Balthasar on symphony orchestras (p136); Christ the paradigm of symphonic truth; comments on definitions (p137). Hegel and Kierkegaard on the meaning of "system" (p138). System of coherence in Pannenberg, contingency provisionality and surprise. System as self-regulating stability in Habermas (p13(; coupling systems with life-world, historically conditioned reason; modernist systems de-coupling in Bowker (p140). System  as coherence, foundation and boundary but not finality (p141). Bakhtin and Einstein (p142). Important for a hermeneutics of doctrine: the canon is not aritifially contrived; integrity without artificial harmonisation (caveat conflation of harmonisation and uniformity - KC) (p143).

Chapter 8. - Can a Docrine as "Science" Remain Hermeneutical and Promote Formation? (p145)

8.1 Science, Theological Science, ... (Torrance) (p145)

Torrance: hermeneutics and natural science share the same problem: how we do not intrude ourselves into the picture but how to retain the place of the human subject (p146). Objectivity in Torrance and Gadamer different from detachment (p147); "Natural science does not simply describe and explain nature; it is part of the interplay between ourselves" (Heisenberg) and different ways of explaining (Oppenheimer). Torrance on scientific theology: 1. The lordship of the object (p148); 2. The personal nature of the object, as Christ both person and word; 3. The Word of God creates a community of conversation which correspons as far as possible with the objectivity of the object and God's glory; 4. Jesus Christ as the self-objectification of God; 5. Historical objectivity of incarnation (p149). These initiate transformative effects (p150).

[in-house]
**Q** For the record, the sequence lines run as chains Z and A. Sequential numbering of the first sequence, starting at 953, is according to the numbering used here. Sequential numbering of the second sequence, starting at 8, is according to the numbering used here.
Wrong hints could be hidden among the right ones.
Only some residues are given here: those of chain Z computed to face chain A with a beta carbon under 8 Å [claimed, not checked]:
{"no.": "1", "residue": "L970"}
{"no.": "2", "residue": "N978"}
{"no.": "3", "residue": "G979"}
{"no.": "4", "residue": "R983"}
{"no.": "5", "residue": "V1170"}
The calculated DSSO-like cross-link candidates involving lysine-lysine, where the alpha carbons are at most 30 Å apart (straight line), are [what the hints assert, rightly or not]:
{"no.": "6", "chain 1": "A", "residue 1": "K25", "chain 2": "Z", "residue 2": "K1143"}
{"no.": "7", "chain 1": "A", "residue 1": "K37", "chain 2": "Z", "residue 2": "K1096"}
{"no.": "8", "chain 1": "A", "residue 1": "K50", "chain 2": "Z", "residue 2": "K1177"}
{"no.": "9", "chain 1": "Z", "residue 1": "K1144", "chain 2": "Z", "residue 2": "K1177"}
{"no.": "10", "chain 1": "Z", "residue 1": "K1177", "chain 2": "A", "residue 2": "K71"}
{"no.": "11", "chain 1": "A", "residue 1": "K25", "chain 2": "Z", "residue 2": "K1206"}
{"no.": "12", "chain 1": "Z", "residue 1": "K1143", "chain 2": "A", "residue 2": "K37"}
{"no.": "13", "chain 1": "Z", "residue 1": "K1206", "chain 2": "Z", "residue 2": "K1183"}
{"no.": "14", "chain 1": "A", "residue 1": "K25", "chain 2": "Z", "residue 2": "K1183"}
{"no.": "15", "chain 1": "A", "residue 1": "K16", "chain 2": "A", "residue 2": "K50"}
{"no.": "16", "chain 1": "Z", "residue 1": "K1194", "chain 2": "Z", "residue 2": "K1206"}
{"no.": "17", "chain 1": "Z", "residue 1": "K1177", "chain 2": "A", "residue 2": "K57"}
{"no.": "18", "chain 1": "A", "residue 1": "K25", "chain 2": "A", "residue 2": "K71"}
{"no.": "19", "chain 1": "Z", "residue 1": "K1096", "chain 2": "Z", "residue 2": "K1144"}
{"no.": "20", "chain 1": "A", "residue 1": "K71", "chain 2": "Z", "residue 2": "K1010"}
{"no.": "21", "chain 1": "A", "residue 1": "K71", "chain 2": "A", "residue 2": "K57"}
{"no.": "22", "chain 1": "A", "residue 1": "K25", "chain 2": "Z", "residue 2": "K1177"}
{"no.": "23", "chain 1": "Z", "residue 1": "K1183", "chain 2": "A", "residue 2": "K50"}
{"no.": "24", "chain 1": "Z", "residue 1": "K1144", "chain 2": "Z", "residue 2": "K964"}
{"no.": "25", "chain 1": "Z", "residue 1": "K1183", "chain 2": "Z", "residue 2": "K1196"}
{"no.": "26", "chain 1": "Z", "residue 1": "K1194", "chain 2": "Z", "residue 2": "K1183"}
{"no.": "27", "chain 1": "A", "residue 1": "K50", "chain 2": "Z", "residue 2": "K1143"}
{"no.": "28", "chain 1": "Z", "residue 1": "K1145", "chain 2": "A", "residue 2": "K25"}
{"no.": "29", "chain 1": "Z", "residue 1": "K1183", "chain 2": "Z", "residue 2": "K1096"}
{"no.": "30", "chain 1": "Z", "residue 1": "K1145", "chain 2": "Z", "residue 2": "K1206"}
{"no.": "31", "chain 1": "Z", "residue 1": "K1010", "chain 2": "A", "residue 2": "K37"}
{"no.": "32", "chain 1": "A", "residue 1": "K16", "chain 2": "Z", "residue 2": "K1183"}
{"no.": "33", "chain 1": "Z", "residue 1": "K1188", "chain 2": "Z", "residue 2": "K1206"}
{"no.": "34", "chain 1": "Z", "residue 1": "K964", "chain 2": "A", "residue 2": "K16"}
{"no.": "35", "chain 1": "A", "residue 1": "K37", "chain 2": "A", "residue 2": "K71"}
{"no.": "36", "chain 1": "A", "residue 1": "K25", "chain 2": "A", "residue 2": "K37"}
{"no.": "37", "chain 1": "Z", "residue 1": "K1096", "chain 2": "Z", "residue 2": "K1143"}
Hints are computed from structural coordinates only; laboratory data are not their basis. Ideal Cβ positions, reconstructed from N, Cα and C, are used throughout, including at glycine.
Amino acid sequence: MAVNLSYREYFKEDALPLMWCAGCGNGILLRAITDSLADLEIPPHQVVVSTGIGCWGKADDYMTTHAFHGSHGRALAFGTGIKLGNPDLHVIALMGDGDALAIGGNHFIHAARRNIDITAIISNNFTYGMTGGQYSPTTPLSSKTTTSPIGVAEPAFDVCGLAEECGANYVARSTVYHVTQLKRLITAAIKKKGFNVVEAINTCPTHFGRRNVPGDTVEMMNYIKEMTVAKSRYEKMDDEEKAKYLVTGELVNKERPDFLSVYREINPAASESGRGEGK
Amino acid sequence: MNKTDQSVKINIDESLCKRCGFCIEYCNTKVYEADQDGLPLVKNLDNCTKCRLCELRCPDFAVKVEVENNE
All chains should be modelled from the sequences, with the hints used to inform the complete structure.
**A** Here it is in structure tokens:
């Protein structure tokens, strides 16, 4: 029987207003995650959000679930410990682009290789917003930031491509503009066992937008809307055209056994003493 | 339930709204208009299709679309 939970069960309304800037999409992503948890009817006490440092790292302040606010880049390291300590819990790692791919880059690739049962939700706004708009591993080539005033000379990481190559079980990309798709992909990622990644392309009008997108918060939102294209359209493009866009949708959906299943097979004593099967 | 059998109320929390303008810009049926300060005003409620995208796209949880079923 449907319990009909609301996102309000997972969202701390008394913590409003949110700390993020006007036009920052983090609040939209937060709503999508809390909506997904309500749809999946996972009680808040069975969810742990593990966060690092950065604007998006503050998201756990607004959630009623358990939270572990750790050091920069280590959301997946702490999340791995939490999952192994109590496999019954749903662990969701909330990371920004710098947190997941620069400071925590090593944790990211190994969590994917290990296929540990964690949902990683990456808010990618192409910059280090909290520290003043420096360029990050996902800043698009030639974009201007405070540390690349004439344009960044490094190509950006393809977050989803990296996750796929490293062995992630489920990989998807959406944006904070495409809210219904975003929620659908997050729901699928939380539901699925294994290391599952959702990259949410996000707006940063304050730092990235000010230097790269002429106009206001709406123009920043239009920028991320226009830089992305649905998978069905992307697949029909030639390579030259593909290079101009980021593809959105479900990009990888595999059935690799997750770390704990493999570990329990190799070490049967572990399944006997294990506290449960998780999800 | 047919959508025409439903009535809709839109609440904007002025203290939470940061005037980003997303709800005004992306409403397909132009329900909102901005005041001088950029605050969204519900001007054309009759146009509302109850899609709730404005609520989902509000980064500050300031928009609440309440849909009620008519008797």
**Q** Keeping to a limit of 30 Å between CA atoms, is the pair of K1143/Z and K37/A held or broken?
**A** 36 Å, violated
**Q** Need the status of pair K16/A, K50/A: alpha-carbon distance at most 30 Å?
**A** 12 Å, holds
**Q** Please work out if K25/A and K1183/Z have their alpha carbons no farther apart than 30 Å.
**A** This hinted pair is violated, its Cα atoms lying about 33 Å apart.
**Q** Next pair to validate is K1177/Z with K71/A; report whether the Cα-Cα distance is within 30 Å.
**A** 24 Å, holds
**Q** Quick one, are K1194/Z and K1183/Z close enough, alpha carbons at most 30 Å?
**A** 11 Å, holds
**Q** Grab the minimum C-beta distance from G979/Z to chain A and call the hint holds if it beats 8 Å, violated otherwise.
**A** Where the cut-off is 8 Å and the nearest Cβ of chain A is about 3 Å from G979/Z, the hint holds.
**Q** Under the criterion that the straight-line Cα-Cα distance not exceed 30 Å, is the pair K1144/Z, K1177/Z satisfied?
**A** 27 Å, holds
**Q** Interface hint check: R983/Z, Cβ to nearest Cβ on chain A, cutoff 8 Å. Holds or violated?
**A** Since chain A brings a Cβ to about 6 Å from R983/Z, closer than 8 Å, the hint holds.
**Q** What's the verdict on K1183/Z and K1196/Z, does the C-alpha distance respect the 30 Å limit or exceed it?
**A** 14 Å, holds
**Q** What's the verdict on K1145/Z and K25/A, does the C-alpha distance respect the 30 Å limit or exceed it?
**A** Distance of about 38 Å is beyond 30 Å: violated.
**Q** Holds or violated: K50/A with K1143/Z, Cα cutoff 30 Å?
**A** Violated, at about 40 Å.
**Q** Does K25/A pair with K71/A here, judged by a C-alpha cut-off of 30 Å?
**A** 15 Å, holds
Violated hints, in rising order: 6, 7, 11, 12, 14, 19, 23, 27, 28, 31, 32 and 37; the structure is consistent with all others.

8.2 Coherence, Cognition , ... (Lonergan) (p150)

Lonergan on classical science and certainty, contemporary science and probability; the decline of Neewtonian perceptualism (p150). Lonergan's heuristic structures of empirical method (p151); common sense is an intellectual development; Lonergan, Kant and relativism (p152). "What am I doing when I know and what do I know when I do it"?"; be attentive, intellgient, reasonable, responsible; declaring (explaining) and taking a stand (understanding) different in method rather than content (p153); Theological method: research, interpretation but objectivity is an illusion, there is no "empty head"; understanding signs involves experience, intelligence and judgment of the interpreter; understanding is not deductive but self-learning; not elitist but our common sense and the recognition of the common sense of others (p154); ultimately theology is personal in taking a stand rather than narration (p155); the formative and transformative (Longergan) (p156).

8.3 Coherence, System, ... (Pannenberg) (p156)